The race for the four-year seat on the Davis County Commission has been low-key and clean, both candidates agree. They also agree they like and respect each other and either of them would make a good county commissioner.

But Democrat Howard Stoddard and incumbent Republican Gayle Stevenson disagree on a key issue: Each thinks he's a little bit better qualified than the other for the job.Stevenson was appointed interim commissioner in July after incumbent Glen Saunders resigned to take the county clerk's job. Stevenson, a lifelong Davis County resident, was ready to enter the political arena anyway and had announced as a candidate.

Stoddard, also a lifetime county resident, is retired from the U.S. Postal Service and has run previously and unsuccessfully for the county commission and clerk.

But Stoddard sees the political scene as different this year and is running on the theme "It's an Excellent Time for a Change." County government has come under strong criticism lately, including a lawsuit charging two commissioners and a former commissioner with misuse of county funds and malfeasance.

He believes his 38 years of federal employment, including 10 years as Clearfield postmaster and his 11 years as a West Point city councilman, give him the experience he needs for the commission job.

Stevenson cites his 33 years as a teacher and administrator in the Davis school system as his greatest asset, along with the hands-on experience he's gained since being appointed to the job in July.

Some of that experience, Stevenson readily admits, has not been pleasant. The ongoing battle between the commissioners and the county auditor and the legal complaint against his two fellow commissioners - Stevenson was not named in the suit - have made the job tough, he said.

"I've had second thoughts about staying in; I'd be less than honest if I didn't say so," Stevenson said. "I don't function too well in this kind of controversial atmosphere.

"It's not my style. My leadership style is to get people to achieve, to work to their potential, and their productivity drops in this kind of confrontational situation.

"I believe in working toward a consensus rather than through confrontation, but I'm going to stick with it," Stevenson said. "Quitting isn't my style, either."

Stevenson said the job of county commissioner is more complex and involves many more hours than he imagined, and the job has been an education for him. "The citizens of Davis County have very good government. I took a lot of things for granted - roads, flood control, police and fire protection - before I stepped in here."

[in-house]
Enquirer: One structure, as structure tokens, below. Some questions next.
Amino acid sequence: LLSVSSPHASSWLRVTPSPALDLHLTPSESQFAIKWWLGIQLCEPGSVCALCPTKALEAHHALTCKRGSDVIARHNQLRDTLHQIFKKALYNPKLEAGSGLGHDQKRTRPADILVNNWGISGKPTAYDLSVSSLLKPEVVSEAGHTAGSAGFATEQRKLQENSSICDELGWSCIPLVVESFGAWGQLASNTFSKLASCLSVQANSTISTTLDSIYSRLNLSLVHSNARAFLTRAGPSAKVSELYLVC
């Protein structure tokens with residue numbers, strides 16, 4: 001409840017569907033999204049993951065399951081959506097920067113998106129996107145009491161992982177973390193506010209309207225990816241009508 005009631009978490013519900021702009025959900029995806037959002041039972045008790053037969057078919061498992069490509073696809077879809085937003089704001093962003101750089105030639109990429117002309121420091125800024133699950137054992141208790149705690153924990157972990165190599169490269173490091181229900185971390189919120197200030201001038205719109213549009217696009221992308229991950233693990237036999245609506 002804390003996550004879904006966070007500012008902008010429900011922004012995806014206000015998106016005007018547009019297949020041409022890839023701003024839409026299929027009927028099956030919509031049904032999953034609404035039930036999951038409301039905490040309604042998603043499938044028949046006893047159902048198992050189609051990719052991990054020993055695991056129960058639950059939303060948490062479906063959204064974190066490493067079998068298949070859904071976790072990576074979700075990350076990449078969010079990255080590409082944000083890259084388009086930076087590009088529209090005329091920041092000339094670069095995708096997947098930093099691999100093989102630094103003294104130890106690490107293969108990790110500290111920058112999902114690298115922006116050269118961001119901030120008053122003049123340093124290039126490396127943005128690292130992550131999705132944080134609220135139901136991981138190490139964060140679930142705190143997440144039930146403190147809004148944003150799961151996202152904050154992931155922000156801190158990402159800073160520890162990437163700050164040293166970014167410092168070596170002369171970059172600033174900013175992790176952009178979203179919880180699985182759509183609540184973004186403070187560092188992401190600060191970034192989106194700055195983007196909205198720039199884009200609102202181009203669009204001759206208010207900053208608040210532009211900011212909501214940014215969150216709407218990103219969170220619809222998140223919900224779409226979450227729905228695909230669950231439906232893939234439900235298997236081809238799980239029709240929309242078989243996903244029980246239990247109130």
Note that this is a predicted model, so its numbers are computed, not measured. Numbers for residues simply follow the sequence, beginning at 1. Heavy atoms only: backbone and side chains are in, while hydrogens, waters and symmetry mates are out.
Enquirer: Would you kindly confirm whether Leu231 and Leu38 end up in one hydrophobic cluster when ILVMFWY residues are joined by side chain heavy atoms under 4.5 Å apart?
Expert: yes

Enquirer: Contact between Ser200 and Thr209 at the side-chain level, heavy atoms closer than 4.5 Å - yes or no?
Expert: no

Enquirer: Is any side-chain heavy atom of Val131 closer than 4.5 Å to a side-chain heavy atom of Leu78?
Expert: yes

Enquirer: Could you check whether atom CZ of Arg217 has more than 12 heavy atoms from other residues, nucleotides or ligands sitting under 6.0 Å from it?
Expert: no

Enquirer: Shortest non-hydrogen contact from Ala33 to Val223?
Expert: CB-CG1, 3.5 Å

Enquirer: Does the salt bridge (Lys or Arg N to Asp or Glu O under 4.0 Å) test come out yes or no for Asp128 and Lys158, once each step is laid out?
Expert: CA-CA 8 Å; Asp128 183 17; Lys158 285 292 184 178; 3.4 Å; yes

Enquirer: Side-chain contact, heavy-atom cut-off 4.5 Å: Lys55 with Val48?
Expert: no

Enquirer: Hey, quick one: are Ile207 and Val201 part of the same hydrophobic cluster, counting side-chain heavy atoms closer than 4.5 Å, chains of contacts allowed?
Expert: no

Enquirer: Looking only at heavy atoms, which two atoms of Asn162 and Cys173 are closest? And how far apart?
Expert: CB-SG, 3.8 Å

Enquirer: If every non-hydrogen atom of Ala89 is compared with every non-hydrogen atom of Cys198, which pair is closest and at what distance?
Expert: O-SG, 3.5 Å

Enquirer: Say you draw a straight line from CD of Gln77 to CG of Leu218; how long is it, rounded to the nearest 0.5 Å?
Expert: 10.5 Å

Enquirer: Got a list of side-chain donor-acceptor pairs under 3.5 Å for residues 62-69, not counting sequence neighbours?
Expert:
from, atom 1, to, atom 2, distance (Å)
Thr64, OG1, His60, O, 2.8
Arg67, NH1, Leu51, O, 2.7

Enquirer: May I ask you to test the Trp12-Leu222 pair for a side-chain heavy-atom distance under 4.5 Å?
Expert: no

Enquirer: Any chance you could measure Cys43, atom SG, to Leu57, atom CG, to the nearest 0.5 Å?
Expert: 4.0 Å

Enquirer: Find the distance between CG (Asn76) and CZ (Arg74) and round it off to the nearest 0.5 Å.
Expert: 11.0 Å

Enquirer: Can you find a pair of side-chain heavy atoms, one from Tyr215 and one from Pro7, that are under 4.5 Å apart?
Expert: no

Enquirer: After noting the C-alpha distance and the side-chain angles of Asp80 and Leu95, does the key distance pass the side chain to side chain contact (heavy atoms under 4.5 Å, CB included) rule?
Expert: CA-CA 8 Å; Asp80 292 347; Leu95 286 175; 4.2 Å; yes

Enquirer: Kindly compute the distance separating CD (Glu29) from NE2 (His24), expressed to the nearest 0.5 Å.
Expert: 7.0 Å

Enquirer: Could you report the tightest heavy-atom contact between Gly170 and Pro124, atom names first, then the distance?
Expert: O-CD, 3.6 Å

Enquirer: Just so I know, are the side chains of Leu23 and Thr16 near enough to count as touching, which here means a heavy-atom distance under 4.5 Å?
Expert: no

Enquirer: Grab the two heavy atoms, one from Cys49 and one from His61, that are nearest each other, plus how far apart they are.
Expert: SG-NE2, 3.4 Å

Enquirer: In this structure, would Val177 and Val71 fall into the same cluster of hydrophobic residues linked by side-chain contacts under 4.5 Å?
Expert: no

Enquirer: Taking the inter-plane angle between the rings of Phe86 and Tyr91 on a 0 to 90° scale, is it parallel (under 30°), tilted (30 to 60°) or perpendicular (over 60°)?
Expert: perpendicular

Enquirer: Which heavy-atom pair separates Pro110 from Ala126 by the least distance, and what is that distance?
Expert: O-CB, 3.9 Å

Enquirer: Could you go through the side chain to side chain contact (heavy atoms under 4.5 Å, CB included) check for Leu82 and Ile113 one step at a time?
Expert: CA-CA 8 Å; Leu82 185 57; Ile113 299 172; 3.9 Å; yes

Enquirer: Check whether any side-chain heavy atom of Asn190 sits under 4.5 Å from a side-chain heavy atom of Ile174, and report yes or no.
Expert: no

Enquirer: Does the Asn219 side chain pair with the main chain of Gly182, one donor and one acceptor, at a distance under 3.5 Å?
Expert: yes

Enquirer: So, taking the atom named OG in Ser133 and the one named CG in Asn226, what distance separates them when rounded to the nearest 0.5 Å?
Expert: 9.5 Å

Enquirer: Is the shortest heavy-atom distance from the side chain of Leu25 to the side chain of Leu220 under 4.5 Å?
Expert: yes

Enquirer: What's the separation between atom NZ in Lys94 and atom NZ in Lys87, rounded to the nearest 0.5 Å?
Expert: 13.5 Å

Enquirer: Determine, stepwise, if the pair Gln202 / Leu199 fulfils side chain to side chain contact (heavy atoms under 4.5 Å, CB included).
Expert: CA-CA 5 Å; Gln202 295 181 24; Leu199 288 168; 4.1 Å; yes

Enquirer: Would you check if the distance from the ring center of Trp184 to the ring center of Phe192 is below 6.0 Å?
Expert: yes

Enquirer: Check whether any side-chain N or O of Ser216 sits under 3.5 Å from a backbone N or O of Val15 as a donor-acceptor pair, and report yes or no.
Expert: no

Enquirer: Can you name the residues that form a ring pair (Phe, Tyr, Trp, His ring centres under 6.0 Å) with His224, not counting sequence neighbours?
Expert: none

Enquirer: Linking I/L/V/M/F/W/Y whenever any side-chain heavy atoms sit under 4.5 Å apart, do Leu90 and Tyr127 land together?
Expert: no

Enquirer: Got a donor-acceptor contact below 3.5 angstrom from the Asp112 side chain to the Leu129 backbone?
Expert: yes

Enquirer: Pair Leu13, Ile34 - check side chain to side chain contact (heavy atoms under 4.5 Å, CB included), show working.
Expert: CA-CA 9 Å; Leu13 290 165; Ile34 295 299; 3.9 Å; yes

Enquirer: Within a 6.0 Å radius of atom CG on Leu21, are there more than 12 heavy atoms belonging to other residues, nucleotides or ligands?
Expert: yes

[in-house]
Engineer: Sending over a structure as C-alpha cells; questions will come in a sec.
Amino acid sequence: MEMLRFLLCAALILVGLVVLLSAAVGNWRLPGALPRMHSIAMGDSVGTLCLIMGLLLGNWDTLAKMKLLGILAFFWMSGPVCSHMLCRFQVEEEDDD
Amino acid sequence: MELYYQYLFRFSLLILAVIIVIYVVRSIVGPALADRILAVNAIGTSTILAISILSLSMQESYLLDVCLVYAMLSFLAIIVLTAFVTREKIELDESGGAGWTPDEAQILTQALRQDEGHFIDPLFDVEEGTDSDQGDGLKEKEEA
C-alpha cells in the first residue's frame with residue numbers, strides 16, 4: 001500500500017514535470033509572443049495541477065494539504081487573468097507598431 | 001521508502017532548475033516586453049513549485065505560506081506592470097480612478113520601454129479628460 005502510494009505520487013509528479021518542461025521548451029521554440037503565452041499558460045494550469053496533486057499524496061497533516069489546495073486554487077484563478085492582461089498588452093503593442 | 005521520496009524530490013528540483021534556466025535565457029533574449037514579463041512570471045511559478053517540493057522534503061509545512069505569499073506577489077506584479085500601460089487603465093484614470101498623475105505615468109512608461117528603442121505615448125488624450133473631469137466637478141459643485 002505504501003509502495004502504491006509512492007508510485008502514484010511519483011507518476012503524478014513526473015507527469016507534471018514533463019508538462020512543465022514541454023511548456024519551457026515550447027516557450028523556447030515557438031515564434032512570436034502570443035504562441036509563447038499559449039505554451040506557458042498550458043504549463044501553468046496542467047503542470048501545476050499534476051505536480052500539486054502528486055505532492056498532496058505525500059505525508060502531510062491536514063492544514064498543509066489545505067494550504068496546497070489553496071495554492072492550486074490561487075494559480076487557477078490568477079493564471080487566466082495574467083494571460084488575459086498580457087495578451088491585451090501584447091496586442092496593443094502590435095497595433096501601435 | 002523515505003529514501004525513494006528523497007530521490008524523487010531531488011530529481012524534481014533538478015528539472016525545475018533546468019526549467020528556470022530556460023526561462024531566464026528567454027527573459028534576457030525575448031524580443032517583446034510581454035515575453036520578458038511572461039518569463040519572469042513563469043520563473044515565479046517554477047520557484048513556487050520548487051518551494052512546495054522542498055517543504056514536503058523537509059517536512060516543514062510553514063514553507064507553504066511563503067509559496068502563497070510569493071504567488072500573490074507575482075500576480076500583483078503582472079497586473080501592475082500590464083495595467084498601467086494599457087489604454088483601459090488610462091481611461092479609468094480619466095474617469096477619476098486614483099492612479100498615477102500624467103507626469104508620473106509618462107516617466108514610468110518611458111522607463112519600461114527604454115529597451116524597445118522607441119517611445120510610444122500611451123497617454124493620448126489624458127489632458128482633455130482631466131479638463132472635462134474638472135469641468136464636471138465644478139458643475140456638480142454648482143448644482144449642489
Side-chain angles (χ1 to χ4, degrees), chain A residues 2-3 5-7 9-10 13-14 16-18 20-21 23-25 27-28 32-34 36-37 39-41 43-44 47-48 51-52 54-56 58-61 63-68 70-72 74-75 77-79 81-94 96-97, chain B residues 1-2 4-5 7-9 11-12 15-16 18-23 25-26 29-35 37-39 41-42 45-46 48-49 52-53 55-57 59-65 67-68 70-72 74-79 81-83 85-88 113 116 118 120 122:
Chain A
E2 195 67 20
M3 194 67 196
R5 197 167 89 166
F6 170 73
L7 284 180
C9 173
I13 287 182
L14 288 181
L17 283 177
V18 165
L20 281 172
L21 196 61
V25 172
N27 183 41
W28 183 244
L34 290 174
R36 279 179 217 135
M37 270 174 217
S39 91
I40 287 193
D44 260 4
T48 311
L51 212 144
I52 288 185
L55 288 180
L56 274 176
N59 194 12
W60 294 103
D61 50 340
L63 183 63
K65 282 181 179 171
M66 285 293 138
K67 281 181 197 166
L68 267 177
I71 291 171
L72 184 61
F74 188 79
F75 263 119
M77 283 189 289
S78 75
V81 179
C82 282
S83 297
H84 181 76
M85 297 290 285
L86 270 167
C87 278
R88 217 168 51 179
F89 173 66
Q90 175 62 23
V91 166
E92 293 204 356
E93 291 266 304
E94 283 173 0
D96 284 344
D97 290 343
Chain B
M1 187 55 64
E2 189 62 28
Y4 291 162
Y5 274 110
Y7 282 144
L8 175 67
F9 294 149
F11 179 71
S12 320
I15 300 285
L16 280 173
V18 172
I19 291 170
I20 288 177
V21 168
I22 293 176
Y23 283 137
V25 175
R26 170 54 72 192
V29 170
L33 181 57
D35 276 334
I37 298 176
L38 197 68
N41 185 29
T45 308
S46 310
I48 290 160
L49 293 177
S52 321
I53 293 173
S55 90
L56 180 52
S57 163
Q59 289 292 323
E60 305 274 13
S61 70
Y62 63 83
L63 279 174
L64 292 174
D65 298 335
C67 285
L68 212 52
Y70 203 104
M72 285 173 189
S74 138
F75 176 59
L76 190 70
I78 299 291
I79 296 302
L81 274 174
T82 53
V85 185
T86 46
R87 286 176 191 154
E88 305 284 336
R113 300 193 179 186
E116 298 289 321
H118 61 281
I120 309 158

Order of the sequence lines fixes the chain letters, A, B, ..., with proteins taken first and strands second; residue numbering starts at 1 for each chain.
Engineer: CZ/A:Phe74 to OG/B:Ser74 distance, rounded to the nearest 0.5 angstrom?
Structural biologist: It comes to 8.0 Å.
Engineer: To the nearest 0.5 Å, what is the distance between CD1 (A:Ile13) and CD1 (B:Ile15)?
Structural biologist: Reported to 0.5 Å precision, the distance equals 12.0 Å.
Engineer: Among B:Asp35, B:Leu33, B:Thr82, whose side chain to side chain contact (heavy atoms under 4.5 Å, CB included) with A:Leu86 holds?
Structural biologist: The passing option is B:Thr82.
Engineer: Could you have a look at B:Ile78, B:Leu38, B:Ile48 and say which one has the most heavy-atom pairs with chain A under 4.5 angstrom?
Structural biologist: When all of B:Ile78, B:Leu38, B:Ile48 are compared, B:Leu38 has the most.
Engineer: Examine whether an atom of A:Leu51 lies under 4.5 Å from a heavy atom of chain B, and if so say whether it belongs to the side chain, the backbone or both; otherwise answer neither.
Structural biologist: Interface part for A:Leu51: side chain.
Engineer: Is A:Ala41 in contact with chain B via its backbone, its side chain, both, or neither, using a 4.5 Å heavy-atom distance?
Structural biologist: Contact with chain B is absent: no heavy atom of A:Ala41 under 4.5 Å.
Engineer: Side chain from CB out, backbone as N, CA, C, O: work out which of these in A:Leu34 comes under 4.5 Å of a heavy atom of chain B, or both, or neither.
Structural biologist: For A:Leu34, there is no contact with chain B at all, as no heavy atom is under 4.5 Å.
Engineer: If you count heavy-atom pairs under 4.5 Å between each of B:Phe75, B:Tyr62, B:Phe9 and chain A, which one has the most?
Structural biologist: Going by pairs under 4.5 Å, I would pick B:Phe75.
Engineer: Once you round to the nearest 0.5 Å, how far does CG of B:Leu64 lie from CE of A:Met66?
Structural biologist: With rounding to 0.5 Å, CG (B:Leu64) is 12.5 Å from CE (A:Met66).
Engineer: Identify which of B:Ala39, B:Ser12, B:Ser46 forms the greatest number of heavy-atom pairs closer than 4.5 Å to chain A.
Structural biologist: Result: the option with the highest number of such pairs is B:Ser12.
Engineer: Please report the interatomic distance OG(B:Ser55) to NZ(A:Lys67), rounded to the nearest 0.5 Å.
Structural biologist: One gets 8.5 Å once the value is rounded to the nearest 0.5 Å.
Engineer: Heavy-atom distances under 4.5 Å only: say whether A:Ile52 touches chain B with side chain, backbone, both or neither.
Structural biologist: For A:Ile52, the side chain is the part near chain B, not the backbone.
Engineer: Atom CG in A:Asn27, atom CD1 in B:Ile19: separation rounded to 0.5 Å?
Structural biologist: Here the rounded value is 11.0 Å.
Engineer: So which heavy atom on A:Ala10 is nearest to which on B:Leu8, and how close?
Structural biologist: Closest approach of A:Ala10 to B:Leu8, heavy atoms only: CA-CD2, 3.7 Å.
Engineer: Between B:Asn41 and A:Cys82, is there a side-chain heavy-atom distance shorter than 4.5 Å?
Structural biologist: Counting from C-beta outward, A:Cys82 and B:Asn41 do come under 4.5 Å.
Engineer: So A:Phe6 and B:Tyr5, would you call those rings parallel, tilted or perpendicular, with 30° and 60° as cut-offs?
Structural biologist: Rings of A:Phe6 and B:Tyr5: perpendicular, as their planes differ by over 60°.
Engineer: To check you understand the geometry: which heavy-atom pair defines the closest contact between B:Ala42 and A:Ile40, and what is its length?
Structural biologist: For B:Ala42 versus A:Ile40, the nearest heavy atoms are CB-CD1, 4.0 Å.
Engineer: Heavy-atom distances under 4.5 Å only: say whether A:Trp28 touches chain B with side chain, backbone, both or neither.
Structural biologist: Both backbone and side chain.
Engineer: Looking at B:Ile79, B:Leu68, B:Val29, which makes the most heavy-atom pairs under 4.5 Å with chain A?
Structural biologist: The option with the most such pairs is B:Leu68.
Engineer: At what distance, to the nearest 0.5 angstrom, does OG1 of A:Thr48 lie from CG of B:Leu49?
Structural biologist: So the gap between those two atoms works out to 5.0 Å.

With the county's growth rate projected for 10 percent to 12 percent, from the current 179,000 population to 300,000 by the year 2010, Stevenson said the challenge to provide good government at low cost will grow proportionately.

Those concerns are echoed by Stoddard, who adds one of his own: The north end of the county, where he lives, needs more representation. And, Stoddard said, he opposes the last pay increase the commissioners voted for themselves, raising their pay to $44,000 annually, and he would turn back the extra $3,200.

"The county has a problem with fiscal responsibility," Stoddard said. "All of the county departments should be audited and the audits used as management tools, not just for fiscal reasons.

"And, the commissioners need to be more open, need to sit down and listen to people, their department heads, and get their ideas."

Stoddard said he favors economic development in the county to broaden its tax base, but local businesses should receive first priority. "We should encourage our local businesses to expand rather than giving tax breaks to a big company that may benefit an out-of-state corporation rather than locally," Stoddard said.

Both candidates oppose passage of the tax-limitation initiatives, saying they will cripple government because they cut too deep.

But Stoddard said the message behind the initiatives - more efficient government at lower cost - is clear and should be heeded. He points to his record as a city councilman in West Point, where the property tax levy has dropped three mills over the past four years.

As for his opponent, Stoddard refers to Stevenson as "a real good friend. I've known him for 40 years. The county will be well-represented by either of us. But it's still an excellent time for a change."

And Stevenson, who worked for Stoddard years ago in a part-time post office job, said his opponent is "a fine individual with good qualities and a sound character."